A09 - Scaffolding of mechanotransduction domains in migratinfg and non-migrating cells
The mechanosensitive ion channels, PIEZO1 and PIEZO2, are involved in multiple cellular processes, ranging from vessel formation to touch sensation (Ranade et al., 2014). We have previously shown that STOML3 modulates PIEZO channels and is present in oligomeric form in membrane micro domains (Wetzel et al., 2017, Poole et al., 2014). We also identified a range of stomatin‐domain modulating small molecules that either decrease or increase STOML3 domain‐size in the plasma membrane as measured with dSTORM super‐resolution microscopy (Wetzel et al., 2017). Recently, we made the surprising observation that >90% of PIEZO channels cannot be opened by mechanical stimuli under physiological membrane potentials (Moroni et al., 2018). However, very positive voltage steps or disease-causing mutations near the channel pore can release channels for efficient opening (Moroni et al., 2018). The same disease-causing mutations that change PIEZO2 voltage sensitivity are associated with craniofacial abnormalities in humans.
There is increasing evidence that mechanosensitive PIEZO proteins play a role in cell migration during development by sensing the mechanical environment during cell movement. We recently found that there is a very early migratory population of cells that express PIEZO2 channels that later in development contribute to the endothelial cell population in vessels throughout the mouse embryo. We will use transgenic mouse models to manipulate PIEZO sensitivity in these migrating cells for instance by miss‐expressing STOML3 in these cells. This will be done by using a Cre‐inducible overexpression of an epitope‐tagged STOML3 from the ROSA locus; STOML3 overexpression can initiated using a PIEZO2‐Cre mouse available to us (Ranade et al., 2014). We hypothesize that the scaffolding proteins like STOML3 may control the localization of mechanotransduction domains in migrating cells to sensitize mechanosensing regions of the cells, like filopodia, to mechanical perturbation. We also wish to label PIEZO2 expressing endothelial precursors to study the fine architecture of PIEZO protein localization in migrating cells.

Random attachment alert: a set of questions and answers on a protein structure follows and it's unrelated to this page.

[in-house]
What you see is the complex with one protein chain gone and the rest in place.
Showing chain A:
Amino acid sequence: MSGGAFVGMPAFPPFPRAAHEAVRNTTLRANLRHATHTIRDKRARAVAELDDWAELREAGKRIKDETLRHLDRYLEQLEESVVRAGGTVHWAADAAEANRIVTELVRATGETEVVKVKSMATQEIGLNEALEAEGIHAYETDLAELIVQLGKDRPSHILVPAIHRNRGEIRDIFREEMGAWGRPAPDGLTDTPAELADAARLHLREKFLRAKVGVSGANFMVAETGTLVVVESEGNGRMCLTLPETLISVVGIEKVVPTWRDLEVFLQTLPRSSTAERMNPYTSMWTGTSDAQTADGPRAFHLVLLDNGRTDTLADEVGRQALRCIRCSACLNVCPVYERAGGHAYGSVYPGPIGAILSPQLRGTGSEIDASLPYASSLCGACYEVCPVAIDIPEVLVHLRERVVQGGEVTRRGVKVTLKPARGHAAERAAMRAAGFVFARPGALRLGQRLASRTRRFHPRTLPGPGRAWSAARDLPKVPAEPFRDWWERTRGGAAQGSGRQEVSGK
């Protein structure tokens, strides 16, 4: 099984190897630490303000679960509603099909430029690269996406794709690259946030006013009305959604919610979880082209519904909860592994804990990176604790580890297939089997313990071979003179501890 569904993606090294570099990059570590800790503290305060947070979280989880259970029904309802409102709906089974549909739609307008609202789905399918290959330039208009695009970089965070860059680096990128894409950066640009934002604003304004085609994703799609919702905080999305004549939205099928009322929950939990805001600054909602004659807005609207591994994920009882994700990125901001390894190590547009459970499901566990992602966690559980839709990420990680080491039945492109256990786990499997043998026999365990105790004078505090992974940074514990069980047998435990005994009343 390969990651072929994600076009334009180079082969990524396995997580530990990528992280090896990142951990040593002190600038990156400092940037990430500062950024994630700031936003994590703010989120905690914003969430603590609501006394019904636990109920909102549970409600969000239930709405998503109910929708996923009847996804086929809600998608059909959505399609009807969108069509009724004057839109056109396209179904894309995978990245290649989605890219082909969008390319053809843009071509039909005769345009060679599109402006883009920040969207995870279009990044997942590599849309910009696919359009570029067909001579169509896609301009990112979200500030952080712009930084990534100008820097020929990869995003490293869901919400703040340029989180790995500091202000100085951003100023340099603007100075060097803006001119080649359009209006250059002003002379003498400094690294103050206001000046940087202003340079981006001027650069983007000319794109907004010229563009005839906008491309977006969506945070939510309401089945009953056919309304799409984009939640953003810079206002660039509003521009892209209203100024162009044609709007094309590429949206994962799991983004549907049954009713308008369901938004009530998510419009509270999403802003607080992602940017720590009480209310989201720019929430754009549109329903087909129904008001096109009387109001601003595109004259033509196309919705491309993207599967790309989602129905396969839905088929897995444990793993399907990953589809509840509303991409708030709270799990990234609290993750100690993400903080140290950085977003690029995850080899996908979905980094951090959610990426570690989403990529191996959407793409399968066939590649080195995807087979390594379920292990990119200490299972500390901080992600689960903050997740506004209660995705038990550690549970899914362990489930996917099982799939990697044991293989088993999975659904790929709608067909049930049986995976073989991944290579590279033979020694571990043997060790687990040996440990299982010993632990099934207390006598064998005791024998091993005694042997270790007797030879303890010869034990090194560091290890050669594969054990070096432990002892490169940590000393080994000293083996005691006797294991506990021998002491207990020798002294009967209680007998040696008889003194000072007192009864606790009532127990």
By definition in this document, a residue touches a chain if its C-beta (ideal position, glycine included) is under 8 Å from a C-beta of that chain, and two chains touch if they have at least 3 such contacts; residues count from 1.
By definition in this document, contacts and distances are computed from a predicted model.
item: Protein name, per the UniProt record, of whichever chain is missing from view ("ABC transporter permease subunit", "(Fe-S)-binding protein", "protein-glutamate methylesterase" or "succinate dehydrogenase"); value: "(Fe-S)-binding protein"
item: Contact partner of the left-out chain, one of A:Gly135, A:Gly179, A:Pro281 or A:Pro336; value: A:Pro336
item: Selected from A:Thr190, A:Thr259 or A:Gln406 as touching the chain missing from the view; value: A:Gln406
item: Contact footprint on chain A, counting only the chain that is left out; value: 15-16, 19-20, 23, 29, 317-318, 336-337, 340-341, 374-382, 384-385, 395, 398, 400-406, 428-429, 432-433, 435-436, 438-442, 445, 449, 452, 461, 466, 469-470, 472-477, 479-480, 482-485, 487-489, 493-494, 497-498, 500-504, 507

We recently showed that both PIEZO1 and TRPV4 channels are required for fast mechanotransduction by chondrocytes in the joint; a stationary mechanosensitive cell type (Servin‐Vences et al., 2017). TRPV4 appears to be unique amongst TRP channels in that it is gated extremely efficiently in heterologous cells by substrate deflection (Servin‐Vences et al., 2017). We will use a TRPV1/TRPV4 chimeric channel approach to map the domain of TRPV4 that is required for substrate gating. We will use pull‐down approaches with proteomics to try and identify TRPV4‐interacting proteins that provide the mechanical link with the extracellular matrix. Such interacting proteins may represent novel scaffolding proteins with essential roles in mechanotransduction.
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